In the biggest game of the year, with the season on the line, the Dolphins went to Tennessee and scored three points.
It was cold and it was rainy and it was windy.
Tua Tagovailoa considered wearing gloves, but didn’t. Everyone acknowledges that yes, the cold and rain and wind played a factor in some throws that looked really, really bad.
But too often this season, regardless of venue, day of the week, time of kickoff, and yes, weather, the Dolphins offense has been bad.
It has scuffled. It has stumbled. It has just not been good enough.
“We’d like to perform enough to win,” said George Godsey, Dolphins co-offensive coordinator and play-caller. “Some games we’d like to perform better.”
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Godsey and Miami’s assistant coaches spoke with the media on Tuesday. And it may be the last time they speak with reporters for many, many months.
So, what went wrong?
Godsey has consistently pointed to a failure to consistently execute. He has also consistently taken blame for some calls he’s said he’d like to have back.
Miami began the season with a convoluted and unclear play-calling system that in some way involved Godsey, quarterbacks coach Charlie Frye and co-offensive coordinator Eric Studesville.
At some point it was streamlined, and at points that has seemed to help, but Miami has never gained traction in establishing any identity.
Though coaches tried to follow the script of saying there’s one game to play — they host the Patriots on Sunday afternoon — most understood the reality of the situation.
Yes, the Dolphins can finish with a winning record of 9-8, but with playoff chances officially eliminated, it is time to look at what happened.
Why are the Dolphins 24th in the NFL in points per game?
Why are the Dolphins 29th in the NFL in offensive yards per play?
Why are the Dolphins 31st in rushing yards per game and play?
Offensive line ranked among the worst in NFL
It starts with sub-par performance by the offensive line. Some combination of Liam Eichenberg-Austin Jackson-Michael Deiter-Robert Hunt-Jesse Davis has not been good enough.
In fact, Miami’s pass-blocking and run-blocking have ranked at or near the bottom of the league by almost all metrics, almost all season.
“That’s where most of the passing game starts, is protection,” Godsey said. “Matchups. Execution of our job as a protector, whether that’s a back, a lineman or a tight end. That group has to give the quarterback enough time for the receivers to get open. If we’re under pressure, we can’t get the ball downfield.”
The Dolphins surely will consider signing one or two projected offensive line starters in free agency. And they surely will consider drafting at least one potential starter on the offensive line.
“Our techniques have been getting better but we need to be more consistent,” Dolphins’ first-year offensive line coach Lem Jeanpierre said Tuesday.
Jeanpierre has understandably faced criticism because of the underwhelming performance of his young unit. The Dolphins have had four offensive line coaches in three years under Brian Flores.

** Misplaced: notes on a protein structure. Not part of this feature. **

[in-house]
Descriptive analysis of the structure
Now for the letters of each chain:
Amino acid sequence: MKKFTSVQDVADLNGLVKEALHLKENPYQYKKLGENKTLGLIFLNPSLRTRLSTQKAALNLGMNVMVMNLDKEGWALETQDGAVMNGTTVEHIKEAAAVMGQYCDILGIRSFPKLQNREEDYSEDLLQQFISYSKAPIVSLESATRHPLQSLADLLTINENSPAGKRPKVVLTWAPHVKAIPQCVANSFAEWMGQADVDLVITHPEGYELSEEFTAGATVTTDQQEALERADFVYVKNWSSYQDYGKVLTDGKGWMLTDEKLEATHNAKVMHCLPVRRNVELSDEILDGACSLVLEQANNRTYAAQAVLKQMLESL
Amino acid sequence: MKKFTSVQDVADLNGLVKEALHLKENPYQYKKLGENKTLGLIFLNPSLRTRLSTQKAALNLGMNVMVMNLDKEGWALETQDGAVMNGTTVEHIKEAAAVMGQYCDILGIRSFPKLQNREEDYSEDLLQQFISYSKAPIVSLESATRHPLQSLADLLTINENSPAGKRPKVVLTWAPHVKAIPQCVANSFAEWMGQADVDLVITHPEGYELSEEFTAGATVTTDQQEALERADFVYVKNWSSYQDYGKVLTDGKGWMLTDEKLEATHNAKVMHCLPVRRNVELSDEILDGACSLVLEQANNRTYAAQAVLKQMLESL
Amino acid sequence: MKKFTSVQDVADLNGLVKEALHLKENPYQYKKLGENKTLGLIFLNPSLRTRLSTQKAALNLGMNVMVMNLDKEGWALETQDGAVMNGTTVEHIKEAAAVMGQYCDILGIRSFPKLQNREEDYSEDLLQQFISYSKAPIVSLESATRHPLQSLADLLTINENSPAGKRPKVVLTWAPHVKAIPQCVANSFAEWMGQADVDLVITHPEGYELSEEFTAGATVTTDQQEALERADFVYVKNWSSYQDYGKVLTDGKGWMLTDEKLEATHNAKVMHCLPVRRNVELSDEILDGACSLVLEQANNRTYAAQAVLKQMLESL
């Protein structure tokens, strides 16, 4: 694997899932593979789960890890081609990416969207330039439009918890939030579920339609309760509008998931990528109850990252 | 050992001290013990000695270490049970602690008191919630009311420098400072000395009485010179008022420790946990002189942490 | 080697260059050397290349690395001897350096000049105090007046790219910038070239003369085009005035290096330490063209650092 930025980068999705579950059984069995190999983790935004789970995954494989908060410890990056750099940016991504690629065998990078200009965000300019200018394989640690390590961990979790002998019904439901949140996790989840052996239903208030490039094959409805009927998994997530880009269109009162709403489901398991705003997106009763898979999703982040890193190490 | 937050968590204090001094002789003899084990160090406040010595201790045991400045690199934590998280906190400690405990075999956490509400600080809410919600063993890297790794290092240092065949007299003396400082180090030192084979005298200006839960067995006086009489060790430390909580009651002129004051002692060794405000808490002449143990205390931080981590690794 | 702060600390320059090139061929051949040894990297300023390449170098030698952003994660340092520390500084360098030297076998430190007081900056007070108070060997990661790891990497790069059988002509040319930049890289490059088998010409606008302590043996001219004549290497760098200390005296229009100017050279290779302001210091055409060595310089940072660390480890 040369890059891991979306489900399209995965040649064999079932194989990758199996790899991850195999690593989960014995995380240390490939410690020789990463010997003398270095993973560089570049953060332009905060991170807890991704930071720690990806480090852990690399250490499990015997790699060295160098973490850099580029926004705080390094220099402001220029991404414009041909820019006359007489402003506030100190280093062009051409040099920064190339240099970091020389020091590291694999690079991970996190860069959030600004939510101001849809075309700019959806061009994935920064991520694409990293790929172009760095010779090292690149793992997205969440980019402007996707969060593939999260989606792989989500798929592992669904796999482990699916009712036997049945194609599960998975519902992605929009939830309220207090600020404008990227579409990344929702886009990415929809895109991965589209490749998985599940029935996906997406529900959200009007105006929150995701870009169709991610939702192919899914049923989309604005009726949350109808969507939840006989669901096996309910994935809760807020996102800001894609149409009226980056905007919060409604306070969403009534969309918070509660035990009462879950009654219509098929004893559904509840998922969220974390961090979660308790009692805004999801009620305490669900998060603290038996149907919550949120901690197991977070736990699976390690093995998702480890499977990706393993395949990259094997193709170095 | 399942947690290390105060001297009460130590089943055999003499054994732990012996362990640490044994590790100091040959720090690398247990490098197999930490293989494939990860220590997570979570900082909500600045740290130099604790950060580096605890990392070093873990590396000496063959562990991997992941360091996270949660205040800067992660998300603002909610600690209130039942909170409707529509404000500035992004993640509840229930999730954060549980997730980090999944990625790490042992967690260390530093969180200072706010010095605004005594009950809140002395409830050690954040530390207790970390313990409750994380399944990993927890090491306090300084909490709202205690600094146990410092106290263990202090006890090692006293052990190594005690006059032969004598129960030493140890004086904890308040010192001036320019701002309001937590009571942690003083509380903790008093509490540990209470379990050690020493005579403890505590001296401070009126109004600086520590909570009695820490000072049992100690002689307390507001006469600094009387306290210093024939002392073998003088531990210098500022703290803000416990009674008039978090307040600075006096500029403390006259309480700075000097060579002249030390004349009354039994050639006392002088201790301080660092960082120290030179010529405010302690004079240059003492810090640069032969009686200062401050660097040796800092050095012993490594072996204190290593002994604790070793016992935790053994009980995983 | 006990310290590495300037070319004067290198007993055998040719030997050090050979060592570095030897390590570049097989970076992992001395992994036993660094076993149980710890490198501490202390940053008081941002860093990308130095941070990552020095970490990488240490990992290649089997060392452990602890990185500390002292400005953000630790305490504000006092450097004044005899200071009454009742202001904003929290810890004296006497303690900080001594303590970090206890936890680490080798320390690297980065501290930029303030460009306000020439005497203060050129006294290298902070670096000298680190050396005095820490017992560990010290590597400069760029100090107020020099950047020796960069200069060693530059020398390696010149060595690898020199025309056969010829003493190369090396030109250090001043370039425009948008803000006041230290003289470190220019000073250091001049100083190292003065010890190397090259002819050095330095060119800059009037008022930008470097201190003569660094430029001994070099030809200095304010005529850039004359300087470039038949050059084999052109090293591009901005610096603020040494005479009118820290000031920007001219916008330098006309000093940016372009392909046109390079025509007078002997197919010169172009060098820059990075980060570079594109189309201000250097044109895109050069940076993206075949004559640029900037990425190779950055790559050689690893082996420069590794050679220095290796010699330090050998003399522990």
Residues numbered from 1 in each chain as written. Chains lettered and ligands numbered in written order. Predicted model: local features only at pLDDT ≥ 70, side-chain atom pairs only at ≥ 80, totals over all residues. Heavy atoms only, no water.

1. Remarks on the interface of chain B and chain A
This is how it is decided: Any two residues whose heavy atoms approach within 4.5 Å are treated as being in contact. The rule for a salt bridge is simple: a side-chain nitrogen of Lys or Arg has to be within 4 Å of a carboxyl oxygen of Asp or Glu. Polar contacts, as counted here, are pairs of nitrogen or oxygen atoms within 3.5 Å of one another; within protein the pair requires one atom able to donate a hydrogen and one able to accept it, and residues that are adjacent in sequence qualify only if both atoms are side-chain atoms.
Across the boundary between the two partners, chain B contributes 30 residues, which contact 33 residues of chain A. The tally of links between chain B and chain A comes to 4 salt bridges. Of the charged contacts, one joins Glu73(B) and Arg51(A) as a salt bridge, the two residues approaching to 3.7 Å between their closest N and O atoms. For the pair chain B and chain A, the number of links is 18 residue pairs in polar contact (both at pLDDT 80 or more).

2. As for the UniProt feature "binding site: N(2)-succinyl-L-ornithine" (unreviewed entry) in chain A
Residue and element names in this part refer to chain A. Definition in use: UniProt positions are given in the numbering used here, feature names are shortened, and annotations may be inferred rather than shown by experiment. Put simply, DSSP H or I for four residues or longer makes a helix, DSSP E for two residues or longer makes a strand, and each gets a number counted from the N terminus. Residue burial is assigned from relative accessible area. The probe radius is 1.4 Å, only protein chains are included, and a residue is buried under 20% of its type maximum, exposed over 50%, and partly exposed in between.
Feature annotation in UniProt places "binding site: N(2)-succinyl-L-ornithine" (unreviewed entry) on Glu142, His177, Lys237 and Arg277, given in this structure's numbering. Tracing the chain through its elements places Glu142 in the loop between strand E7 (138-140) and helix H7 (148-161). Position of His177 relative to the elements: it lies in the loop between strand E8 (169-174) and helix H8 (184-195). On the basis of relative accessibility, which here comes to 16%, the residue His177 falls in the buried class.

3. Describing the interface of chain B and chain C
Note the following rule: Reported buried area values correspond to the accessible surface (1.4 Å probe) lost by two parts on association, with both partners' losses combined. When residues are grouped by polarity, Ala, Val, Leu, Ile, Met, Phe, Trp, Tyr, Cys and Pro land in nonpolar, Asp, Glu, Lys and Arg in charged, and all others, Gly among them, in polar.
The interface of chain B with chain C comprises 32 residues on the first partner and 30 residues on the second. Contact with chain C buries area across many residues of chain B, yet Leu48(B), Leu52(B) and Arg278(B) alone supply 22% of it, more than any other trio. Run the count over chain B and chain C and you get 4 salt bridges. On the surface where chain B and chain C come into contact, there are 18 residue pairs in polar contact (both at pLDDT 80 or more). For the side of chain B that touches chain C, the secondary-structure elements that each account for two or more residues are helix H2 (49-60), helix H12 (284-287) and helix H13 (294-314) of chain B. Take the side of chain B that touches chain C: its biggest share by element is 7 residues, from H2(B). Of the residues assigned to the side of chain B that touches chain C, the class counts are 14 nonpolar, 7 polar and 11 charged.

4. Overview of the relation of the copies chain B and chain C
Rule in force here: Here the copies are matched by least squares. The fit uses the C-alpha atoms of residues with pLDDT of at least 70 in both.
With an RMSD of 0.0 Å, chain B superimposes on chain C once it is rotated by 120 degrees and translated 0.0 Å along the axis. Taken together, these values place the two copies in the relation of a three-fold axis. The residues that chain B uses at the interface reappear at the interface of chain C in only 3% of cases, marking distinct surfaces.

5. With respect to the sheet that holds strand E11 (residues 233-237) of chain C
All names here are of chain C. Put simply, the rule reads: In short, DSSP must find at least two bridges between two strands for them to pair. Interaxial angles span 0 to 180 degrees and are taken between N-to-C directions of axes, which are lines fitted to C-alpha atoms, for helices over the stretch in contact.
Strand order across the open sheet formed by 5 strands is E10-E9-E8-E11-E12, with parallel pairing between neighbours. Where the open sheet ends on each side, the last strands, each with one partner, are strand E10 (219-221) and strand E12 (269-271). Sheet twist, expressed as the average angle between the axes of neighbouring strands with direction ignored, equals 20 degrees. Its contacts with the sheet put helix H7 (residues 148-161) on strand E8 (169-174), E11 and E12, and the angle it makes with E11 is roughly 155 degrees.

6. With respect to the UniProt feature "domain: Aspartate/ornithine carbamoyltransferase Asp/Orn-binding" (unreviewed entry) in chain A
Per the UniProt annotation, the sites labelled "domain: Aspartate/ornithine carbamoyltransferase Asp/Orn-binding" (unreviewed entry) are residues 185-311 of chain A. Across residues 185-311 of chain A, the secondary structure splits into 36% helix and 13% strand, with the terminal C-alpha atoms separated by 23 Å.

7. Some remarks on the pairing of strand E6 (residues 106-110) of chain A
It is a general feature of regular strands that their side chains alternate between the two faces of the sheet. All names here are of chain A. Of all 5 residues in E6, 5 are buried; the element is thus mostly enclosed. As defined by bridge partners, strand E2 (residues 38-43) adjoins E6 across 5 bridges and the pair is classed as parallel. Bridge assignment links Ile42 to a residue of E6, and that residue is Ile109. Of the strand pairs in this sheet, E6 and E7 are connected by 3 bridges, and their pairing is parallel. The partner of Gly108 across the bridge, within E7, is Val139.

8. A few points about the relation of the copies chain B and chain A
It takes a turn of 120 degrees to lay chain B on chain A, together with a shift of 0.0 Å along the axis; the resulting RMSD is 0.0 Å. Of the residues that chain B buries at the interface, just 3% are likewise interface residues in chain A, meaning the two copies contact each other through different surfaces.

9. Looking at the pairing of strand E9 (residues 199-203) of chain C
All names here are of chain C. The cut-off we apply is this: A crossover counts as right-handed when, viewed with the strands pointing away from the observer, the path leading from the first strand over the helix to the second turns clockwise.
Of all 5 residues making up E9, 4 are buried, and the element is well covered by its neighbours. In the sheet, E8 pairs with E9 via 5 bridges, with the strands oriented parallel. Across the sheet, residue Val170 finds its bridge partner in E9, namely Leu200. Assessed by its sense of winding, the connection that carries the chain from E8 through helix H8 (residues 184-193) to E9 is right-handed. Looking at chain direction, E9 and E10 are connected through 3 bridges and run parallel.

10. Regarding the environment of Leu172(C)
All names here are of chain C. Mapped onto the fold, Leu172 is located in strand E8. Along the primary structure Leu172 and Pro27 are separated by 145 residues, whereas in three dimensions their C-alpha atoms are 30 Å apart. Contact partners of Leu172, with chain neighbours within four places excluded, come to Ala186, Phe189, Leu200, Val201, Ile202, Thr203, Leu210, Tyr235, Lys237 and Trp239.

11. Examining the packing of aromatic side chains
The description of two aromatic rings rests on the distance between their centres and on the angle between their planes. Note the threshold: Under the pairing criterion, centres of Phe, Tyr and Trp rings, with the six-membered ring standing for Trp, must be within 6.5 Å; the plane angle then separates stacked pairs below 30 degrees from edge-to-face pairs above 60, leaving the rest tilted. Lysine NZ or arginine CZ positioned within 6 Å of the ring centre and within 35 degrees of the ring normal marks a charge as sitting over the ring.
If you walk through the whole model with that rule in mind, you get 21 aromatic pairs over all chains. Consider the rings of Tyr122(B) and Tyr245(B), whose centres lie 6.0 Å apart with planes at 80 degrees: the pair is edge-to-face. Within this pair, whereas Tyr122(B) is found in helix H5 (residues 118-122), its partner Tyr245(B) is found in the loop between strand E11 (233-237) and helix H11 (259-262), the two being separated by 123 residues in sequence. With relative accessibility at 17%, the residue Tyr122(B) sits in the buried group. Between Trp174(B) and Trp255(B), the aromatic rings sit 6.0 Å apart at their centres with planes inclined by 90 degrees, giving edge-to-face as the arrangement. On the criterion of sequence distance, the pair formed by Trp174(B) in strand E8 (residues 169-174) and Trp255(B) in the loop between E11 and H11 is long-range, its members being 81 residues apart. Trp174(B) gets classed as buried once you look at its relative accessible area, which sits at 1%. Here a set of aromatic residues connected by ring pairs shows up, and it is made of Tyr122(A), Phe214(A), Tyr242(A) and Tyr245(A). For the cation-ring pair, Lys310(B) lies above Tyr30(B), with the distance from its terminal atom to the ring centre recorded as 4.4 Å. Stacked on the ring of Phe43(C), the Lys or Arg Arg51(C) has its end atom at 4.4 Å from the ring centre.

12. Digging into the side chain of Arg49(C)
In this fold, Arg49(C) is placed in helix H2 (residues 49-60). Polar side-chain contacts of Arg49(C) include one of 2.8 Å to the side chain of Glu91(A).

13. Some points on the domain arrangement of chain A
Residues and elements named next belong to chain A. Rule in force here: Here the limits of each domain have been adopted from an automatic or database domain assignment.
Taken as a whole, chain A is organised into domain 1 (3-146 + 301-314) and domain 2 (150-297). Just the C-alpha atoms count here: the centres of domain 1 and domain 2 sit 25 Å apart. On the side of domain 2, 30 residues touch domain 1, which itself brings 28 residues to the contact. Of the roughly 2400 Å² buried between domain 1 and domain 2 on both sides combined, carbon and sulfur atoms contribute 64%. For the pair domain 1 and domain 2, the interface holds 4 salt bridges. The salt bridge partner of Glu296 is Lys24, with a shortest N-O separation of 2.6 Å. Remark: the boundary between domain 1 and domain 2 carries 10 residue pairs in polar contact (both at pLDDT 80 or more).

“Definitely a lot of learning and growing,” Jeanpierre said of his first season. “I’ve been very blessed and fortunate to be a part of the Dolphins right now. They gave me an opportunity and I’m very grateful for that. Keep pushing myself and try to be better for not only my group but for the Miami Dolphins.”
The Dolphins will also need to add a legitimate starting running back in free agency or the draft. Myles Gaskin, Duke Johnson and Phillip Lindsay are legitimate NFL running backs. But the Dolphins can’t average 3.4 yards per carry and win games.
“We have to run the ball better,” co-offensive coordinator and running backs coach Studesville said Tuesday. “We’re working at it. It’s a continued emphasis. We have to run it better and that’s the whole group. The offensive line. We’re all involved in that. To have a consistent run game helps with so many other things. We have to be better.”
Tua Tagovailoa improved this season, but Dolphins need better quarterback play
And finally, the Dolphins will need better production from the quarterback position. Tagovailoa improved in his second season. But he did not push the ball down the field enough and turned the ball over not only with interceptions, but troubling fumbles.
Tagovailoa’s overall ranks compared to his NFL peers are: 19th (passer rating), 19th (yards per attempt), 26th (yards), 25th (touchdowns), 7th (completion percentage), 23rd (interception percentage) and 28th (average pass length).
Those numbers must be better. The concerns about arm strength, durability and decision-making will continue to be discussed until and unless Tagovailoa answers more questions than he did in 2021.
If the Dolphins do not acquire an elite quarterback such as Deshaun Watson, Aaron Rodgers or Russell Wilson this offseason, Tagovailoa will need to accelerate his progress.
“I think he’s shown growth in the way he’s played this year,” quarterbacks coach Frye said. “As a young quarterback, the more reps you get, the experience you get, the more you can take from that. Learning moments. You try to apply it to the next week’s game. Then you get into the overall picture in the offseason and try to take some steps that way.”
Patriots at Dolphins
4:25 p.m., CBS